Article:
j.baig
j.baig

1) There are two type of tech majors out there in Universities. One who actually enjoy IT and like the challenge of constantly advancing their skill set. Then there are those who are in IT because someone told them that is where the money is... these type of programmers usually suck regardless of where they went to school and what was their major. 2) It is a known fact that doesn't matter where you go to school and what you do; you don't really learn too much programming in school. Main reason being 90% of the Professors who teach the course have no real world experience. In my opinion OOP is still an enigma in the world of Academics; at least that is what I experienced firsthand. During my Analysis and Software Design course where we were suppose to learn the OOP paradigm and UML, the Professor actually started arguing against OOP and from his arguments I realize he doesn't know squat about OOP. After that lecture I stopped going to his course and studied for the material on my own. 3) Another issue is they don't usually use good books in Universities. Instead of using a $30 Murach book in JAVA, they would use an $80 text book that is written by some tenured Research Professor who knows nothing about real world programming. Most of these books display Professor's prowess with English than JAVA.

Sterling chip Camden
Sterling chip Camden

An inexperienced programmer with a CS degree may know that encapsulation is something they "should" do, but presuming they can remember what that means they still have no scars to teach them why they should do it. So when push comes to shove, the theory gets left in the textbooks so they can just "get it done" without realizing just how much pain they're adding to their lives and everyone else's by not doing it properly.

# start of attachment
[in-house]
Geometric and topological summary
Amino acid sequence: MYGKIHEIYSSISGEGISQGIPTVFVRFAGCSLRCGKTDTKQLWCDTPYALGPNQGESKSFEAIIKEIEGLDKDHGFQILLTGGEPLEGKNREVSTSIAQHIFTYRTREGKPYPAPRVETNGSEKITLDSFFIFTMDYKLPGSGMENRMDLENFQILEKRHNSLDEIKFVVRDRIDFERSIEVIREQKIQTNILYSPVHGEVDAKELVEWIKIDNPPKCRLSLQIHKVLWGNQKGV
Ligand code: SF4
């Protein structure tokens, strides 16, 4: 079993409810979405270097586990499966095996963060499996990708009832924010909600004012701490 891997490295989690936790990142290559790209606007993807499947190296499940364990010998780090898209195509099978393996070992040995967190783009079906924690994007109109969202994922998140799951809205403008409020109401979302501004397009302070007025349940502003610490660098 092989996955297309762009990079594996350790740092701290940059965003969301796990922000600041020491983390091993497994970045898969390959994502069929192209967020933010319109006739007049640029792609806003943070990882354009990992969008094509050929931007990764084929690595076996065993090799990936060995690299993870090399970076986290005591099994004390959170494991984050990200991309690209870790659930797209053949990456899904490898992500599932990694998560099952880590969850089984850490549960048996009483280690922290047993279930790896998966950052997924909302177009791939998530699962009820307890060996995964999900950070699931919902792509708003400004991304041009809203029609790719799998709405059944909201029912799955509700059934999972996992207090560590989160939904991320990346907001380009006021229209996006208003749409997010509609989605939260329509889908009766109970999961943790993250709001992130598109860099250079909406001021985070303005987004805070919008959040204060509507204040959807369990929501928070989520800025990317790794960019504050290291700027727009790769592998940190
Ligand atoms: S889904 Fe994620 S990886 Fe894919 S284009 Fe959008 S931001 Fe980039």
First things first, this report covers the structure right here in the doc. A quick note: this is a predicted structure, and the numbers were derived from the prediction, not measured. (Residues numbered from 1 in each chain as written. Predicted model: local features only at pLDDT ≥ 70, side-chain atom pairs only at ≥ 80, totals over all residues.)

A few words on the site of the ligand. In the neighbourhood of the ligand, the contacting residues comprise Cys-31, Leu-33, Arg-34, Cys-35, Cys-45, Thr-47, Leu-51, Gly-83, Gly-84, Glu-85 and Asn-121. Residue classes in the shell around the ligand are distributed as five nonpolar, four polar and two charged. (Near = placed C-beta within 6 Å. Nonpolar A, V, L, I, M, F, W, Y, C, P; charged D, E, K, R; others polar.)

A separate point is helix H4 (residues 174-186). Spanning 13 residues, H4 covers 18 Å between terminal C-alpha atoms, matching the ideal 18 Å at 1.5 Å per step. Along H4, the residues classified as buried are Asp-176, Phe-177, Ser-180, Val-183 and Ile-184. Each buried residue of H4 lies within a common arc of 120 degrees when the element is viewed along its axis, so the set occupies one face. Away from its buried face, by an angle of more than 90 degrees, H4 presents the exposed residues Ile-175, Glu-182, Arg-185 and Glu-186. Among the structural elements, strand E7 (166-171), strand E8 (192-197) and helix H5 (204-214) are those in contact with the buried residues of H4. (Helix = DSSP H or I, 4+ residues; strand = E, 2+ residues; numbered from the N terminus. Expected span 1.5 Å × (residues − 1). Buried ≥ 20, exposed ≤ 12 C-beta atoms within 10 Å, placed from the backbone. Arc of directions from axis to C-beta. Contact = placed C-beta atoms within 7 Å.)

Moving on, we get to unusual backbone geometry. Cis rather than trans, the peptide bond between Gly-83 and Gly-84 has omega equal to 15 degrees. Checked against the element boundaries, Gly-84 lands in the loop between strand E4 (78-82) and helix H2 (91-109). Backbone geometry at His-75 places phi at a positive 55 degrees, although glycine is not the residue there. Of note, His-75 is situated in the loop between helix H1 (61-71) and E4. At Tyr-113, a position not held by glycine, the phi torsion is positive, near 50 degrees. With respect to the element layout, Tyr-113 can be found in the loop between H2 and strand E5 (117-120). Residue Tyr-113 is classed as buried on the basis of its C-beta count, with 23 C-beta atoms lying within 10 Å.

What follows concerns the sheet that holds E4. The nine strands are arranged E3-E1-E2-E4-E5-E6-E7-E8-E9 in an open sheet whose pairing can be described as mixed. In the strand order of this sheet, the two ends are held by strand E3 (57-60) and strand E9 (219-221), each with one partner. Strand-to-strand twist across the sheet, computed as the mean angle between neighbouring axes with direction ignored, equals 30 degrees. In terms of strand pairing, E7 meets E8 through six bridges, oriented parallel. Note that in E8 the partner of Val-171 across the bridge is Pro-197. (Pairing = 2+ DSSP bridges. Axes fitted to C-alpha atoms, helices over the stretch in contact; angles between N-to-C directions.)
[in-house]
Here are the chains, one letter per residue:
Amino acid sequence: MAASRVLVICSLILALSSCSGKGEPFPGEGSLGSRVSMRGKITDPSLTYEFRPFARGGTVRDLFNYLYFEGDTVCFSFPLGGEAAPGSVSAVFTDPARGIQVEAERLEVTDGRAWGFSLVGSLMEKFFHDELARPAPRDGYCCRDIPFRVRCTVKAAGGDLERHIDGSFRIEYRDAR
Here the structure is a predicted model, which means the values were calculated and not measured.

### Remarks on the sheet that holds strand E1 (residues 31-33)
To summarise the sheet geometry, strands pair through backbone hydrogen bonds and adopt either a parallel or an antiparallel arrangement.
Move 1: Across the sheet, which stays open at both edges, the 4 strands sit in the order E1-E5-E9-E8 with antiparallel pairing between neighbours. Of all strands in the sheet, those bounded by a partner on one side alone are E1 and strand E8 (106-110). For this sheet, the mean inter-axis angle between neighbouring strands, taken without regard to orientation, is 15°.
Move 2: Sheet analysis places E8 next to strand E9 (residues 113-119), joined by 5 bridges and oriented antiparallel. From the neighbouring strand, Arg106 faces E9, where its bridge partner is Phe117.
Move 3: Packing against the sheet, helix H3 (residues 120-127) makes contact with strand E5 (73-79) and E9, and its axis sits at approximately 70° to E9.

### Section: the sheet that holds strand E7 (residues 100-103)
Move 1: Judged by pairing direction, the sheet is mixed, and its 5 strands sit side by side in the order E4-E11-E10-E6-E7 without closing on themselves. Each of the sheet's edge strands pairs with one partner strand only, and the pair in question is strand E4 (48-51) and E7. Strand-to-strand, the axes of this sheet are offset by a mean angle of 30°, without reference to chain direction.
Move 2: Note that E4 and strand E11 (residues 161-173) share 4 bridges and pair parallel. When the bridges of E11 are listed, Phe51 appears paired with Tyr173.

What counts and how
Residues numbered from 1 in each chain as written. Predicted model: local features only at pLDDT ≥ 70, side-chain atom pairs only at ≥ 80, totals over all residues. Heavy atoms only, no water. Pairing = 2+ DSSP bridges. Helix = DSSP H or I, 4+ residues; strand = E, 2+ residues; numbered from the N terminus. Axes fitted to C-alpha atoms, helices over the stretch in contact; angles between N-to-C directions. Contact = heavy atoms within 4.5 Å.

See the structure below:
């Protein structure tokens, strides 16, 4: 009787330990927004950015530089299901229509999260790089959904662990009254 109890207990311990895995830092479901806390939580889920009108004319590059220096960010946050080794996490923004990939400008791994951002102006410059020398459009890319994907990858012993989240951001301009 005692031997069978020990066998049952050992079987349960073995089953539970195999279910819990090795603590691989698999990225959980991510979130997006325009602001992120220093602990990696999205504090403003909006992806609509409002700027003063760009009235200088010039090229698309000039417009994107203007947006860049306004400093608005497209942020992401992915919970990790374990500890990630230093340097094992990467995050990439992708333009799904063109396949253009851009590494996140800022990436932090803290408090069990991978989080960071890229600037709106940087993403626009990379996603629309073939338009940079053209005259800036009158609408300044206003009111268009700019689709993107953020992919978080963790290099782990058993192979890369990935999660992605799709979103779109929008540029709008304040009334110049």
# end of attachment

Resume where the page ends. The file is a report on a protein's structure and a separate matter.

kpthottam
kpthottam

I haven't had a problem in the Greater Toronto Area market, but 2 out of 4 of my employeers were US based. Do check out the OPS work experience counts a lot here.

mbrown
mbrown

That's the problem, getting that first job, at that point any degree or certification gives you a leg up, but once you have a few years under your belt it is mostly experience that gets you hired...assuming it's not working for an education facility, they have a vested interest in requiring a degree :-)

Tony Hopkinson
Tony Hopkinson

CS degree a requirements simply to thin out the number of applicants, then pick out the cheapest with the best hair do coming as a bonus... I got stuck with the Vienna Development Method. Using a mathemtical desription in predicate calculus to prove a program matches a requirement, so your customer could feel confident it was being met... Not used it in the real world yet for some reason...

danielszabo1981
danielszabo1981

I just started going back to school and I've experienced the same thing. Instructor's lack of real-world experience manifests itself when you observe them coding live: sloppy mistakes and generally bad form overall. You also touched on something else that pisses me off to no end: poor textbook selection. Often of the Deitel & Deitel flavor, these 1500-page-encyclopedias are ridiculous selections for 12-16 week courses, and encourage more reading than doing. 60 pages of theory for iterating through jagged arrays is precisely why our schools produce "programmers" that can admire problems better than they can solve them.

bboyd
bboyd

Military training. Tell someone why, they will figure out how. Next tell them when, and it gets done now. Tell them how and it always takes longer. Of course some level of aptitude and confidence is needed as a base. That where simple constraints need to be vocalized and formal. Set the ground rules.